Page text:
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- 1. Introduction
- 2. Design
- 3. Sensors
- 4. Simulation
- 5. Experiments
- 6. Links and Related Projects
Lying between Africa and Asia, the coastal zone of the Red Sea is an ecologically unique marine ecosystem that houses one of the most extensive, diverse, and colorful coral reefs in the world. The coral reef, with its many endemic species of marine invertebrates and fish, provides a vital research platform for studying how humans impact marine ecosystems.
To help scientists safely explore the Red Sea’s fragile and previously inaccessible underwater environment, a semi-autonomous underwater robotic explorer is proposed and being designed by collaboration between KAUST, Stanford and Meka Robotics (The Red Sea Exploratorium). The new vehicle will visually explore and image the sea, collect samples, perform manipulation tasks, and conduct various physical measurements in multiple marine ecosystems. The robot will combine two force-controlled lightweight arms that will be remotely operated using an intuitive two-handed haptic interface providing force-feedback guidance to the operator.
For this robotic explorer, we are designing an underactuated, flexible, tendon-driven hand that can perform reliably underwater through achieving a broad range of grasps necessary for oceanic exploration. Multiple design iterations have led us to a highly compact, waterproof palm which minimally contributes to detrimental end-effector inertia effects. We are also developing sensors necessary for the hand control and mobile manipulation, including tactile sensor, joint encoder and tendon force sensor.
- Development of UB Hand 3: Early Results
- Integrated Mechatronic Design for a New Generation of Robotic Hands
Waterproofing methods including self-sealed screw, laser-cut gasket, rotary shaft seal, o-ring, rubber coating are applied to make the hand waterproof. The entire palm has oil filled inside to lessen the burden of waterproofing parts. All motors are brushless for the oil filling method. A silicone bladder is designed to balance the pressures inside and outside the hand.
All the tactile sensors on the fingers and palm are molded to be waterproof. The finger sensors are designed as modular parts that can be detached from the central harness (palm sensors). All the sensors are processed by the signal processing board inside the palm into SPI signals. The sensors for our hand include tactile sensor, hall-effect joint angle sensor, tendon force sensor and torque sensor on the wrist.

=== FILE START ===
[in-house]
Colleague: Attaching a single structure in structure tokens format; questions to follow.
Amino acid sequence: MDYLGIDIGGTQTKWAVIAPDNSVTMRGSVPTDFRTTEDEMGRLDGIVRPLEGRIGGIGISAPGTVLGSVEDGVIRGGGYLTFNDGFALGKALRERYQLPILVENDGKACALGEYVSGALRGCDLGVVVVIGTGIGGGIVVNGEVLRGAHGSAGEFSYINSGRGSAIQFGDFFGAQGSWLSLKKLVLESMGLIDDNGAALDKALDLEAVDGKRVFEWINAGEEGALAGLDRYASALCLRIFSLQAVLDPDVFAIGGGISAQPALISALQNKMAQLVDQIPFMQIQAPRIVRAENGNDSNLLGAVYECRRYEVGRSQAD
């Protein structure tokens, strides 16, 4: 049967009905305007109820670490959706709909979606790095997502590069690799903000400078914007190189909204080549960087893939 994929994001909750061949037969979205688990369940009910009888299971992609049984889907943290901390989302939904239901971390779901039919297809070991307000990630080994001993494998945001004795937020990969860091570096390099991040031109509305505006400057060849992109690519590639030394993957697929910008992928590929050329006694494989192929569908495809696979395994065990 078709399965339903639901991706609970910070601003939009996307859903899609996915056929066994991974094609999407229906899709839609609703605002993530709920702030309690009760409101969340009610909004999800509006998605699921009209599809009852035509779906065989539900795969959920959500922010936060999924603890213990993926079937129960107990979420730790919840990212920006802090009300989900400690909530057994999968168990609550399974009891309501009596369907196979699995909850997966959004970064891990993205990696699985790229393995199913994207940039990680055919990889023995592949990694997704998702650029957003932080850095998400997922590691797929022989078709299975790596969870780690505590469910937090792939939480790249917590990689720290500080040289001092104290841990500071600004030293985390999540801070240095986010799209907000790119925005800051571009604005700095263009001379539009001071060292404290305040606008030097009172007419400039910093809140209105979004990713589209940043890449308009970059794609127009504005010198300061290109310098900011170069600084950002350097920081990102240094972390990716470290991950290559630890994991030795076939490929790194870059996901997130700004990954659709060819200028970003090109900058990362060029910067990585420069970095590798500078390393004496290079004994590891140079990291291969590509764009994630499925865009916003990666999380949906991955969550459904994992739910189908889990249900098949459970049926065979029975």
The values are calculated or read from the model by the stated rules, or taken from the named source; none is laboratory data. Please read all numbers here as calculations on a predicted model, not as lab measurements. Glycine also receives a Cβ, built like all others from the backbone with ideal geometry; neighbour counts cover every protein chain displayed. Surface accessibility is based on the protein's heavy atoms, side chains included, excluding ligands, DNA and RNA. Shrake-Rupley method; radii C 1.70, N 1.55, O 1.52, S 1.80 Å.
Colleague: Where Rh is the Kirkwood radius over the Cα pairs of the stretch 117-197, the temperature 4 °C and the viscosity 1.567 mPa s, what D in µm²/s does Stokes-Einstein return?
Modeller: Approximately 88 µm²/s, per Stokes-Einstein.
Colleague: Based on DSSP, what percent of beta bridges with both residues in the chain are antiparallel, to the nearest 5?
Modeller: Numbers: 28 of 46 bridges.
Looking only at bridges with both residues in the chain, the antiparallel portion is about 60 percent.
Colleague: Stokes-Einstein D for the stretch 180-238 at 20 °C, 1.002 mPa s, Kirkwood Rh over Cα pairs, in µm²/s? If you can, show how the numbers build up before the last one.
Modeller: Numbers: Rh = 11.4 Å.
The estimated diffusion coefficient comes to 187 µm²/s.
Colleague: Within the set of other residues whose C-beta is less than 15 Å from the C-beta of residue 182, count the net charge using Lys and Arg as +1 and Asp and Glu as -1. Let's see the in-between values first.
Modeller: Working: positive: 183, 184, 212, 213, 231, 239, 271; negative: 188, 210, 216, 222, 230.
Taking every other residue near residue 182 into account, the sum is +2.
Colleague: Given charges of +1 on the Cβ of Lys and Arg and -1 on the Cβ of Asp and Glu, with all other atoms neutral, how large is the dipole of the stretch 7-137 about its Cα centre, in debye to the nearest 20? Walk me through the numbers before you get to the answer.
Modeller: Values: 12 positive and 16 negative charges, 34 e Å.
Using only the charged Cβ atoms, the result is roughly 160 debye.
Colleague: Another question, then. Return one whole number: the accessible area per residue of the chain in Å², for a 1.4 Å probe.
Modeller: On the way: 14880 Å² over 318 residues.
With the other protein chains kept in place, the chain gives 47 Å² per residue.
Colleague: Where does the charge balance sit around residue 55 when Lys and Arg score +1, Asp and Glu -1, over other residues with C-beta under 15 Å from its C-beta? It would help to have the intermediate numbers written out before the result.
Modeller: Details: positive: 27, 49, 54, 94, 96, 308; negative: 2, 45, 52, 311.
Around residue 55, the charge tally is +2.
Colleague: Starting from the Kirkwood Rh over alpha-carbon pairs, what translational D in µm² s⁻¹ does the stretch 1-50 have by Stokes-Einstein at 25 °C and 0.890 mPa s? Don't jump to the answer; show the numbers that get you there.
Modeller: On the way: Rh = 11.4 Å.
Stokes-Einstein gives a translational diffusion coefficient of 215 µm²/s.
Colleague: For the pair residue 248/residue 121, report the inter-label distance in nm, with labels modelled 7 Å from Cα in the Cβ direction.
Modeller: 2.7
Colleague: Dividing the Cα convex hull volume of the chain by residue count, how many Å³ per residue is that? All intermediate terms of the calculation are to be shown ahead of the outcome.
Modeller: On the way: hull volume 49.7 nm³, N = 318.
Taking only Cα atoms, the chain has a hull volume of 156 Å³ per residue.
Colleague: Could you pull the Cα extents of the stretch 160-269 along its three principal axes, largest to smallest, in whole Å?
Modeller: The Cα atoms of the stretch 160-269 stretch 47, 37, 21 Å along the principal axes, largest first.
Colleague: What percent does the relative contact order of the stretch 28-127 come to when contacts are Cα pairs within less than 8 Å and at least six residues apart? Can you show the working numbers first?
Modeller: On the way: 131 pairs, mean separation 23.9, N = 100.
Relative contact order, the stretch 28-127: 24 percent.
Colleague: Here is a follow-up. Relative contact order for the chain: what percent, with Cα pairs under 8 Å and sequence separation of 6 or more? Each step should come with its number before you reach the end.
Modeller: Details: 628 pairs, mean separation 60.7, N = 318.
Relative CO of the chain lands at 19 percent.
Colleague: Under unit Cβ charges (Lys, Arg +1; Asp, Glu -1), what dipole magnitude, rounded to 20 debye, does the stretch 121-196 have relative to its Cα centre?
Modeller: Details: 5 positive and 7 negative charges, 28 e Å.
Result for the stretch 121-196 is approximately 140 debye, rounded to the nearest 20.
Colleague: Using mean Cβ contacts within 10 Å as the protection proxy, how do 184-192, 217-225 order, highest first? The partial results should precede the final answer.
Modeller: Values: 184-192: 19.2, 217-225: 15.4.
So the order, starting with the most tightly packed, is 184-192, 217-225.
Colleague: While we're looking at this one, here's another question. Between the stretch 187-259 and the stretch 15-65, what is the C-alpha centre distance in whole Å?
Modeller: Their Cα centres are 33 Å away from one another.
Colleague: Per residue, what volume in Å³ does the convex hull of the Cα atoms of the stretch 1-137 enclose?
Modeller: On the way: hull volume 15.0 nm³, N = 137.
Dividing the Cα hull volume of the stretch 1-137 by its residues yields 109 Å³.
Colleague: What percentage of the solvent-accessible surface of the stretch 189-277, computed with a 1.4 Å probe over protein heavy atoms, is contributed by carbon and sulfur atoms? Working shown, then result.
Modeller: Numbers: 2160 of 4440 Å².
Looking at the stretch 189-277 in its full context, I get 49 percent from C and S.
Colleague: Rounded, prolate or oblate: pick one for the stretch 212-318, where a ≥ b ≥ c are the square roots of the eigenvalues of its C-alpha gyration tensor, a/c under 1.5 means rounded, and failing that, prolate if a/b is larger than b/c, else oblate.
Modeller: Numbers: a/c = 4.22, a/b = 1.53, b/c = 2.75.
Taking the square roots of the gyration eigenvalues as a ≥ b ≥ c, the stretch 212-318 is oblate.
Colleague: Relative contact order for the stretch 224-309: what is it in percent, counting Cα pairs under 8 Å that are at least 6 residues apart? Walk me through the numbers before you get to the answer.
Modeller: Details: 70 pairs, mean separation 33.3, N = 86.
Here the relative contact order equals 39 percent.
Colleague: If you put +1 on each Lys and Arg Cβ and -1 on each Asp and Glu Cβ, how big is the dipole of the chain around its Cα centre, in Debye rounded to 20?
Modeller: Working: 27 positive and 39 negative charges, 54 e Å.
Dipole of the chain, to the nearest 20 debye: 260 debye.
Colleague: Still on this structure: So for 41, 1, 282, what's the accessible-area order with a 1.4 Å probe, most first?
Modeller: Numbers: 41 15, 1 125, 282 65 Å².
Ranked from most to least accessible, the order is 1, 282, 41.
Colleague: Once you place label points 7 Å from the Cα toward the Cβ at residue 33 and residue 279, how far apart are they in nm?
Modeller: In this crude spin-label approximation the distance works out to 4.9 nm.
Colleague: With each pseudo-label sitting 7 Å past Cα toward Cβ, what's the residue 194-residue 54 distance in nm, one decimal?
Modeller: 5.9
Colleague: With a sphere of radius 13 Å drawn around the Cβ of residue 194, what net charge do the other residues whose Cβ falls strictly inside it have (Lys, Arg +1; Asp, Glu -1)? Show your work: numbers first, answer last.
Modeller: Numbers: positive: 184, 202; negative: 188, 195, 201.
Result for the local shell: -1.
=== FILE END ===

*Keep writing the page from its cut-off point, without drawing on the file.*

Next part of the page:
We are using an IR emitter/detector method developed in the following work:
- Lucas Samuel Lincoln, Morgan Quigley, Brandon Rohrer, Curt Salisbury, and Jason Wheeler, An Optical 3D Force Sensor for Biomedical Devices, 4th IEEE Intl. Conf. on Biomedical Robotics and Biomechatronics, 24 March 2012
It was also used in the Sandia Hand.
For more details on our fabrication development of these sensors in the Red Sea Hand: Tactile Sensing for the Red Sea Hand.
Compliant Joint Sensing
- L. Jentoft and R. Howe, Force sensing with compliant joints, 7th ACM/IEEE Intl. Conf. on Human-Robot Interaction, 5 March 2012, Boston.
- L. P. Jentoft and R. D. Howe. Determining object geometry with compliance and simple sensors. In 2011 IEEE/RSJ Int. Conf. Intelligent Robots and Systems (IROS 2011), pages 3468 –3473, sept. 2011.
FlexureSensing - new page started
Tendon and Force Sensing
- Differential tendon sensor -- Kaneko (1990)
- J.K. Salisbury: Kinematic and force analysis of articulated hands. In: Robot Hands and the Mechanics of Manipulation, ed. by M.T. Mason, J.K. Salisbury (MIT Press, Cambridge 1985) -- this describes the cantilever beam and strain gage sensor used to measure tendon tension in the Stanford/JPL hand. There is also some mention of it in US Patent 4921293 (online).
- An compact inline element with strain gages is used in RTR2 hand from SSSA Pisa in combination with a crimped cable stop.
- The Spring Hand from SSSA is a later hand that also uses strain gage tendon sensors and some interesting pulley differential elements and springs.
- MIT Design thesis by C. Anderson (1992) concerning the WAM arm prototype and its control.
We use GraspIt, an open source simulator, to check the grasp performance of the hand, help iterating the design, and provide insights for grasping strategies.
To evaluate grasping performance of the hand underwater more accurately, the dynamics of fluid and the hand need to be considered. We use the dynamic engine Moby with the python interface developed by D. M. Aukes which allows us to model all the relevant factors flexibly. In one of our simulations, we investigated the benefits of adding gentle suction at different locations on the fingers by including a simplified suction model into the simulator. Grasp regions with varying suction locations was generated using the simulator:
Several underwater grasping tests were performed to verify the hand designs and the simulation results.